At 78, establishment stalwart Joe Biden returned to Washington as the leader of a party seeking a revolution. A moderate and a vocal defender of bipartisanship, he forced a sweeping, progressive aid package through Congress without a single Republican vote. Long known for making gaffes, he has so far governed in a hyper-disciplined manner. Is this the Joe Biden America thought it knew?
Longtime friends and allies of the president say he hasn’t changed, the moment and political opportunity have. “I think in some ways, he and I share one thing: We believe in what FDR was doing. You have to meet the moment,” says Bob Casey, a Democratic senator from Pennsylvania who lives in Scranton, Biden’s hometown. “I think he knows we’re in a unique moment. It’s a moment of crisis and a moment of great opportunity to lift the country up.”
Biden entered the Oval Office in January with Covid-19 cases coming off fresh highs, millions out of work, rising calls for racial justice, and a climate crisis. Americans were reeling from the deadly Jan. 6 attack on the Capitol and hungover from a presidency conducted largely by tweet. Biden’s empathy and history of personal loss underpin his response to the Covid pandemic, and they’ve shifted the tone in Washington. Donald Trump’s White House was chaotic; with Biden, an impromptu visit to the Vietnam Veterans Memorial at dusk is about as spontaneous as it gets.
The buttoned-up style is deliberate. “Trump’s great talent is to distract you, and they did not fall for it,” John Podesta, the former counselor to President Obama and chief of staff to President Clinton, says of Biden’s team in the days leading up to the inauguration. “They had an early game plan they developed during the course of the transition, built around Biden’s theory of the country and theory of the economy, and they executed it with real discipline and precision.”
By his 100th day in office on April 29, Biden will have surpassed goals he set for Covid vaccinations and be close to meeting another on reopening schools. He’s skirted fault lines between progressives and centrists and kept his party united. These first few months have gone even more smoothly than Democrats had hoped.
The next 100 days and beyond already look more turbulent. Biden faces a human-rights crisis on the southern border, where a surge of migrants has strained the country’s immigration system and provoked criticism from Democrats and Republicans alike. New coronavirus variants are fueling the pandemic, threatening progress on vaccination, and there are troubling signs that the U.S. is running out of people who want a jab. The American Jobs Plan, Biden’s $2.25 trillion infrastructure bill, is by no means certain to pass, and the next big bill on the horizon, the American Families Plan, looks like a long shot.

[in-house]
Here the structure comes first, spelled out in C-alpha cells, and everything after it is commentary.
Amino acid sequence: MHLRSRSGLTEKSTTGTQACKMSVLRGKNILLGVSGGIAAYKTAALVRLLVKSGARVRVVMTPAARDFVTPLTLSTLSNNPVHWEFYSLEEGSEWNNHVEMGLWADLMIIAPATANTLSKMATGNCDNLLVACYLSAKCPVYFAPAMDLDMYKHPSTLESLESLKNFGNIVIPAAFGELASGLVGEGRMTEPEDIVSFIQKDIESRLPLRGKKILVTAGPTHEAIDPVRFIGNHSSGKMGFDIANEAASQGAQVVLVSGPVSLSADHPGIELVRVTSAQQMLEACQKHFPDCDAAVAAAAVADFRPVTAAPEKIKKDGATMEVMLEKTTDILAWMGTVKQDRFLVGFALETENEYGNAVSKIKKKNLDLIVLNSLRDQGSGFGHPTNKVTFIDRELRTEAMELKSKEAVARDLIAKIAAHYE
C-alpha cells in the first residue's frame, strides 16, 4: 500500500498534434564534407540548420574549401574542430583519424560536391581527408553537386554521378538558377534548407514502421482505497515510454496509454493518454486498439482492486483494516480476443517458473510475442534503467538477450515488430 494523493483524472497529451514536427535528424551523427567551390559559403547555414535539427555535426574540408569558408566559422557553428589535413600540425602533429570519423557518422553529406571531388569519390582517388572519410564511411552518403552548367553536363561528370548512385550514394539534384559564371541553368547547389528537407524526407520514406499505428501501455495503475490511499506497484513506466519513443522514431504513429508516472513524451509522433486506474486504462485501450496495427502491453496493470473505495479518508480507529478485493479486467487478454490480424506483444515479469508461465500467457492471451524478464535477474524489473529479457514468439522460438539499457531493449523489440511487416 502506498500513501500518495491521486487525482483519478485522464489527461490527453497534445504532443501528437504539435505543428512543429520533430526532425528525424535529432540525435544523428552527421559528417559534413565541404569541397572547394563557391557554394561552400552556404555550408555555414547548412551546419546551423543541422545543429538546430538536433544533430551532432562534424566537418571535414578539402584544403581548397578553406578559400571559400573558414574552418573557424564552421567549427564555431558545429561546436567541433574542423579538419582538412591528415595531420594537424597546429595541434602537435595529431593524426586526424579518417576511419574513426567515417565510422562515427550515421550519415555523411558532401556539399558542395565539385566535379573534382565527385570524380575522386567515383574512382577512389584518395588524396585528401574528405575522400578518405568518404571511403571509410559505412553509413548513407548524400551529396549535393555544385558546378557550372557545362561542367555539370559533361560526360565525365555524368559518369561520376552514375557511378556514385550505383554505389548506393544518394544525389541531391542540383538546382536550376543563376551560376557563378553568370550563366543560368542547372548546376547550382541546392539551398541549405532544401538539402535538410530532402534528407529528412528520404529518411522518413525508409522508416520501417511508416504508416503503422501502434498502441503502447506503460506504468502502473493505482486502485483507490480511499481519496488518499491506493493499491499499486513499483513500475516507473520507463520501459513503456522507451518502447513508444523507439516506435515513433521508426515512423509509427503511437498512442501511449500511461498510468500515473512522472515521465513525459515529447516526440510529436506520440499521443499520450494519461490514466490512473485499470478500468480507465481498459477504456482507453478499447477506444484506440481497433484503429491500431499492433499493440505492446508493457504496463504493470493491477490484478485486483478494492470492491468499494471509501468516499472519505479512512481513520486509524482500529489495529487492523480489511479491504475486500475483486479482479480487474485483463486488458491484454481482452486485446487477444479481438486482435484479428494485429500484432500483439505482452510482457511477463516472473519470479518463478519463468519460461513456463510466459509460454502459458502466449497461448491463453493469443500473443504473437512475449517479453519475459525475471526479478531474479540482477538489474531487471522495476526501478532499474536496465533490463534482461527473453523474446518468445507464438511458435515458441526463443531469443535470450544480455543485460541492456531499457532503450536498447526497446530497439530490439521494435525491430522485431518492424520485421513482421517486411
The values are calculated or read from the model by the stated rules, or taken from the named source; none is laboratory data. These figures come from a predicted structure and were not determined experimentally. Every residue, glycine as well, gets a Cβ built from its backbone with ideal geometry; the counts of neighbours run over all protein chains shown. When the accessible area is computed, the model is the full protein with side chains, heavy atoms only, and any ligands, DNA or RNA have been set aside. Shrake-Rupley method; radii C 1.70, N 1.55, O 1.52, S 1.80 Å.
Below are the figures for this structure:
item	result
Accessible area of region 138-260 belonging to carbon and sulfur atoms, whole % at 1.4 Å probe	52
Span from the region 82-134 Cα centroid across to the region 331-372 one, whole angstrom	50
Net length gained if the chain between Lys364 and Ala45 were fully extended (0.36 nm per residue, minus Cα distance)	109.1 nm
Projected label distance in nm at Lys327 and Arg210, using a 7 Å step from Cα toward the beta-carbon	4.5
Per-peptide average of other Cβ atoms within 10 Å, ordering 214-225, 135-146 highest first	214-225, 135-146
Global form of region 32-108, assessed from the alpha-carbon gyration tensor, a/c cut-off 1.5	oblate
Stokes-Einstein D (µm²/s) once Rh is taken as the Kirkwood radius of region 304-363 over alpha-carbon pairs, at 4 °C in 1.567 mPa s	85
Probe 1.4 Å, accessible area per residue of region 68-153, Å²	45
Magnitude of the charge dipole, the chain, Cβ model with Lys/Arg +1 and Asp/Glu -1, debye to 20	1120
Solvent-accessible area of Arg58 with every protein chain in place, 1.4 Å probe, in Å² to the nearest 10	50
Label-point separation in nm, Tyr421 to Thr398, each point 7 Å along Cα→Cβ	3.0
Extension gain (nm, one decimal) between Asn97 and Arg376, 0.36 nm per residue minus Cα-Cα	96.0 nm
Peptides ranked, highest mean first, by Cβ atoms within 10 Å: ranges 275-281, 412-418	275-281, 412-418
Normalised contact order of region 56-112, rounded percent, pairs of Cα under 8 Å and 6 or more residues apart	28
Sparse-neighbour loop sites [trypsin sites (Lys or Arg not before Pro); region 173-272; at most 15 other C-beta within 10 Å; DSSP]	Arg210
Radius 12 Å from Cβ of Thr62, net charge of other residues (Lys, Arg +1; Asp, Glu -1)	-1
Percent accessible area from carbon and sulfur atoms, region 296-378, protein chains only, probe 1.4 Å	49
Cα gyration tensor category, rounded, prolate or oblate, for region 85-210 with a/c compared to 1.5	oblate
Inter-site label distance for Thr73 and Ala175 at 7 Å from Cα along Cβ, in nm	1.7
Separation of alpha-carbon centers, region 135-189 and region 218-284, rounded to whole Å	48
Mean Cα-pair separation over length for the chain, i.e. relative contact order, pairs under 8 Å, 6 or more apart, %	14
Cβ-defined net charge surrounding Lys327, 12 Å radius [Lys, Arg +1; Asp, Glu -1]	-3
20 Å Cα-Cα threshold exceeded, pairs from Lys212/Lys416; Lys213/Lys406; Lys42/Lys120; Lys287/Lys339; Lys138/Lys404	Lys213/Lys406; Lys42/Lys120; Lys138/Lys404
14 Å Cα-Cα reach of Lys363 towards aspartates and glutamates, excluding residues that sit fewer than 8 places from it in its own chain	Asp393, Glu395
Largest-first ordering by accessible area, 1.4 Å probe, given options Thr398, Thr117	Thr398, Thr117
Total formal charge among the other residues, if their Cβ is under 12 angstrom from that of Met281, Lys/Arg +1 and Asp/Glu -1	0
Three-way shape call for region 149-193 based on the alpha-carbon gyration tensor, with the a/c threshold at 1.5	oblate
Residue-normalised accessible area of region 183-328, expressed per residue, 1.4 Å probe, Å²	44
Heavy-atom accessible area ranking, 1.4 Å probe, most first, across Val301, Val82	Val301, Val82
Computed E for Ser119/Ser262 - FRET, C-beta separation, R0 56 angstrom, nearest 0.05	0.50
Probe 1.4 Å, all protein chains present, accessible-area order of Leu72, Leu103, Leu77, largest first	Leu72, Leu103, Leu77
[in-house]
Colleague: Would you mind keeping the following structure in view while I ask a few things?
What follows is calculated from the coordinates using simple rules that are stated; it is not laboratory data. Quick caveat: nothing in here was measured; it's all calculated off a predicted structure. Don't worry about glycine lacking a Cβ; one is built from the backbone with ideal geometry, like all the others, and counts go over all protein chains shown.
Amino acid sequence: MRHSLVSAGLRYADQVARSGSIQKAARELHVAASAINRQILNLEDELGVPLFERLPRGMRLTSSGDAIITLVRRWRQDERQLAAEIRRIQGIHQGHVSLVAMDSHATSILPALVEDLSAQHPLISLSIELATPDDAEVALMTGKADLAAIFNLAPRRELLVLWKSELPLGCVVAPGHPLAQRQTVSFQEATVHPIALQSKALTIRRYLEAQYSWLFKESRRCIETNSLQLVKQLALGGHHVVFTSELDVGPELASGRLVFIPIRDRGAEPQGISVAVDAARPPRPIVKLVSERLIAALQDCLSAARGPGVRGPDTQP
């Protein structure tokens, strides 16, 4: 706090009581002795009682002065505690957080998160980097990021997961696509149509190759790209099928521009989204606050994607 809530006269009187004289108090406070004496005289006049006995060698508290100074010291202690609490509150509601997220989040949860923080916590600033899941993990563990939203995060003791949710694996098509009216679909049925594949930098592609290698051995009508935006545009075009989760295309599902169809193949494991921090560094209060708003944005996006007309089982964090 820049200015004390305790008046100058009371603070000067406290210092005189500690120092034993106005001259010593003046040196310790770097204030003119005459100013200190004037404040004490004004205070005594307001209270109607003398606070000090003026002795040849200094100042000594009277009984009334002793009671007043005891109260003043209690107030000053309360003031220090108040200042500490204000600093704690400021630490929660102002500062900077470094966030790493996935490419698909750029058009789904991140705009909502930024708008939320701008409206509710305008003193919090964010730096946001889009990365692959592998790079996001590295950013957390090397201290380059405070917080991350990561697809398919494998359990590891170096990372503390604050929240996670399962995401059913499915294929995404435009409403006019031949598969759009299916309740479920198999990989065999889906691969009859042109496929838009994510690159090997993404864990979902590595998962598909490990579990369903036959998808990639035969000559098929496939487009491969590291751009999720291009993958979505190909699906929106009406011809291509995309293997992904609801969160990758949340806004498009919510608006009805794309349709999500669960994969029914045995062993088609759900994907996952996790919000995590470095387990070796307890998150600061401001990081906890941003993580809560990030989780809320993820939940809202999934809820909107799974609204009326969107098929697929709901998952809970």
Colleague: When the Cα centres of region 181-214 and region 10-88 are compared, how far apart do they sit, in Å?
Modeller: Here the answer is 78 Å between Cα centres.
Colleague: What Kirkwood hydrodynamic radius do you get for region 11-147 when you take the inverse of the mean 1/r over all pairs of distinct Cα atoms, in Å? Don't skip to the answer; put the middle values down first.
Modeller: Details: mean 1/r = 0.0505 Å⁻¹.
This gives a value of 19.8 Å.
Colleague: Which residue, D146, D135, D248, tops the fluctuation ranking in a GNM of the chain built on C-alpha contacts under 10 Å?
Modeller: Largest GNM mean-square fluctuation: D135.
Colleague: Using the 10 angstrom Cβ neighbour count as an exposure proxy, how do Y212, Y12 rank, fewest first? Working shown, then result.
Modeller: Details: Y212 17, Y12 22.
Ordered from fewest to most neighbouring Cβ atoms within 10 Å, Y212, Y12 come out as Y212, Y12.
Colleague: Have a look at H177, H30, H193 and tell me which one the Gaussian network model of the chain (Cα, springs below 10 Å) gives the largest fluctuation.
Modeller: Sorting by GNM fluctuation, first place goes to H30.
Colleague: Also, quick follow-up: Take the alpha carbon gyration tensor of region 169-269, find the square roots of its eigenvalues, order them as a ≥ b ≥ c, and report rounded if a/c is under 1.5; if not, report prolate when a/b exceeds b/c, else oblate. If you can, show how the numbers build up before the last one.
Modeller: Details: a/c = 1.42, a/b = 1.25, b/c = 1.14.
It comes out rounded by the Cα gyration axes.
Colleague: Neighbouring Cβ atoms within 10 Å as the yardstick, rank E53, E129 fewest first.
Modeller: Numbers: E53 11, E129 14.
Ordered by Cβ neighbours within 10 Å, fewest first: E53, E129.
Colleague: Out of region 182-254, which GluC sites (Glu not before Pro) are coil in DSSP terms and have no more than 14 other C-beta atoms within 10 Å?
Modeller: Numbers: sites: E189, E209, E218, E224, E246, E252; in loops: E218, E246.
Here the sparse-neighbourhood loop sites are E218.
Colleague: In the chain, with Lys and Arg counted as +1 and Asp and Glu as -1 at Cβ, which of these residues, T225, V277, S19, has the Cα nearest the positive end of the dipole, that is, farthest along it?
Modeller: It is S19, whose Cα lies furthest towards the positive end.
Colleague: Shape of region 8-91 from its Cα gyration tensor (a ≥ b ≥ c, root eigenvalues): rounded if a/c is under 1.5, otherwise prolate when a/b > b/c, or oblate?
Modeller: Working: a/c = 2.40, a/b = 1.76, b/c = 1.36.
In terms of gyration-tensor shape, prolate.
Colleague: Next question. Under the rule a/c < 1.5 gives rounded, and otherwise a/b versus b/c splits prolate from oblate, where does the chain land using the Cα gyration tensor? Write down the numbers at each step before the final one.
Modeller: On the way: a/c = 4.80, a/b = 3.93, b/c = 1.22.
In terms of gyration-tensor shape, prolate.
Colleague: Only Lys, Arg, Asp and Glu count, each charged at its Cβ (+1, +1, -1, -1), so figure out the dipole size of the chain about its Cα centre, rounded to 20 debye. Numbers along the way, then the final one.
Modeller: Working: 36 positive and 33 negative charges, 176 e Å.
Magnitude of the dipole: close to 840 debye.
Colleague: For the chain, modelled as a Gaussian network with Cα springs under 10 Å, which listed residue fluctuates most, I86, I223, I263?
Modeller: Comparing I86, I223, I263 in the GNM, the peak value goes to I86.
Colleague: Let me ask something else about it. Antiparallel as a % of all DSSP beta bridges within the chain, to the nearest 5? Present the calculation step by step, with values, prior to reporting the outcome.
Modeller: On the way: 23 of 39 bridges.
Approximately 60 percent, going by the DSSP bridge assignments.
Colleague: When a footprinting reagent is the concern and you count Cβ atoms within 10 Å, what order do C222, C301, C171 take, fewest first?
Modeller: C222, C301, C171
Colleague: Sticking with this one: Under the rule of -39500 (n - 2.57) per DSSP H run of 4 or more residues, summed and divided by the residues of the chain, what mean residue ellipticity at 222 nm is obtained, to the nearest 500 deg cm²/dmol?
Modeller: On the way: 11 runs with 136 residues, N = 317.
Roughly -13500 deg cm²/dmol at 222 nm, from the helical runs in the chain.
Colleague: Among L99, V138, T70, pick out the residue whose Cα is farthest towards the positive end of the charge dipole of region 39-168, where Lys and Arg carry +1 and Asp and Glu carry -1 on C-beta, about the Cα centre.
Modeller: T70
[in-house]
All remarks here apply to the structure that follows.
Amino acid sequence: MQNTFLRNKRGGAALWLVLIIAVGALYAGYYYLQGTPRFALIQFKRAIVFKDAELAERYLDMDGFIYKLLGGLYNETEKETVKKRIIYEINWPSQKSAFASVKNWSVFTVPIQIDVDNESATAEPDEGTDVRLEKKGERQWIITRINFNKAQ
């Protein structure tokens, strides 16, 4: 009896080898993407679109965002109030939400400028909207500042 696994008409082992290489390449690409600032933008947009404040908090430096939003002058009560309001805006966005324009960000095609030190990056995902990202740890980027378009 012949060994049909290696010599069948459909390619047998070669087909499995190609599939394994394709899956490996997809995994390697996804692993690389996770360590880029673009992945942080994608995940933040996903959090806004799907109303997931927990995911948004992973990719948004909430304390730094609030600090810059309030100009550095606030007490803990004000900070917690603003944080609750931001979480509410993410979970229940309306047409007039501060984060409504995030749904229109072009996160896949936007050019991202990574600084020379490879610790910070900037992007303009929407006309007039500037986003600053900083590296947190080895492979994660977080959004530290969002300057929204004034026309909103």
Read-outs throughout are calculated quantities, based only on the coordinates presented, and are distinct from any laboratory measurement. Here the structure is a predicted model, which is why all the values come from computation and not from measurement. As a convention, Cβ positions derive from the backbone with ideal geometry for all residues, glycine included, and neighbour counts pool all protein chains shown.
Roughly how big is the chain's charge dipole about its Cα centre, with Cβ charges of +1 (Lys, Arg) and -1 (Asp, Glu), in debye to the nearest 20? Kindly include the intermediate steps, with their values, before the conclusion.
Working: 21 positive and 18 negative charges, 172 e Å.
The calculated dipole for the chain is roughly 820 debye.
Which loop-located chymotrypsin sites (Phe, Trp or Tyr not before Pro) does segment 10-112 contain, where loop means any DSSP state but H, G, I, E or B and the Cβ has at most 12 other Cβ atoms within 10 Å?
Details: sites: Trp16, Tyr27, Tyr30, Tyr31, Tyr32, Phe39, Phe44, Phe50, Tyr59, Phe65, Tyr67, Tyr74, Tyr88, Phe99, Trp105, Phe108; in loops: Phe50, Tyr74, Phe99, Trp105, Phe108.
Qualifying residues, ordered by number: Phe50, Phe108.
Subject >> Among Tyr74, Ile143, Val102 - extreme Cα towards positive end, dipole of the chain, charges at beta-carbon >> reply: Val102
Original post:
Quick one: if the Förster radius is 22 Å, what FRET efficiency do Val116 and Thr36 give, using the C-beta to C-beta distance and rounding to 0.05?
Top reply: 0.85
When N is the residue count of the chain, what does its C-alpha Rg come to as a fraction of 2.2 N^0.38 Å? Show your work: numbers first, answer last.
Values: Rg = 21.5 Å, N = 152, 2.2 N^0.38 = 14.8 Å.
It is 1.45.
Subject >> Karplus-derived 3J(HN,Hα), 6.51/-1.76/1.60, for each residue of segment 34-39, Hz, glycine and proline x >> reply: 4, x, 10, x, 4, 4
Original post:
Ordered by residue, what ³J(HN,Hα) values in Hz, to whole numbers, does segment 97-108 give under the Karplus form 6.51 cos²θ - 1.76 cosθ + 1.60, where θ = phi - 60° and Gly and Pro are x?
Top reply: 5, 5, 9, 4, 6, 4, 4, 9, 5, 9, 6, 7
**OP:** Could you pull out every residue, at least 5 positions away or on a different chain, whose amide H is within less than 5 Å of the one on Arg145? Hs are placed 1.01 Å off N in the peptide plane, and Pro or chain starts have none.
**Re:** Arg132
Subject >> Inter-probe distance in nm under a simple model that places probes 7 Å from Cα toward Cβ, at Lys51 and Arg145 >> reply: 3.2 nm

Biden’s aides and confidants paint a clear picture of his strategy: pursue an ambitious agenda and redefine bipartisan “unity” as the support of voters across the political spectrum, rather than the endorsement of, say, Republican House Minority Leader Kevin McCarthy. The American Rescue Plan package pushed through Congress was a core example.
Treasury Secretary Janet Yellen told Bloomberg that passage of the rescue plan is a huge accomplishment. “We’re succeeding in getting programs up and running. … I feel that the administration has built up momentum,” she said.
“The impact of the pandemic, both on the economic side and health side, has been so disproportionate for minorities and low-wage service workers, so I’m going to be focusing particularly on metrics concerning these groups,” Yellen added. “But I am expecting to see pretty rapid job creation and recovery in the coming months.” She hopes the U.S. will return to full employment in 2022.
Normalcy was core to Biden’s election pitch—a return to an era where people could go a day or more without hearing from the president. But his goals go beyond a return to the pre-Trump, preCovid status quo. Black leaders, who were vital in delivering Biden to victory, have warned that he can’t simply usher in an era underpinned by structural inequalities. His plan to “Build Back Better” hints at an ambition to shrug off deficit concerns, give lower-income people an economic boost, and do away with centuries-old inequities.
“I did not expect him to be as big and as bold as he’s been,” says Jim Clyburn, a Democratic congressman from South Carolina whose 2020 endorsement reinvigorated Biden’s flagging primary campaign. “He’s got to continue to go big.”
Many in Biden’s West Wing and administration served under Obama or Clinton, both of whom lost their House majorities two years into their first term, underscoring the need to act while you can.
Aides are pushing ahead less out of fear that their congressional window is closing than a belief that they’ll need a record of accomplishments to hold it open. But Biden will achieve sweeping change only if he can pass two or more big bills through a trench-warfare Congress the Democrats narrowly control, and where his talk of bipartisanship rings hollow to Republicans.
“So far, it seems purely lip service,” says Republican Senator Bill Cassidy of Louisiana. “The Covid relief package—clearly they decided to ram things through, some of which was totally unnecessary.”
THE WAR ON COVID
Biden’s daily schedule is printed on a card that he tucks in the breast pocket of his suit. Each day’s card includes the updated death toll from the coronavirus, plucked from a 10-page summary he receives each night from his Covid team.
Aides say Biden’s early presidency will be judged largely on the vaccination campaign. The president believes in “approaching this like a war,” says Jeff Zients, Biden’s Covid response coordinator. “The key is to overwhelm the problem and to prepare for every contingency.”
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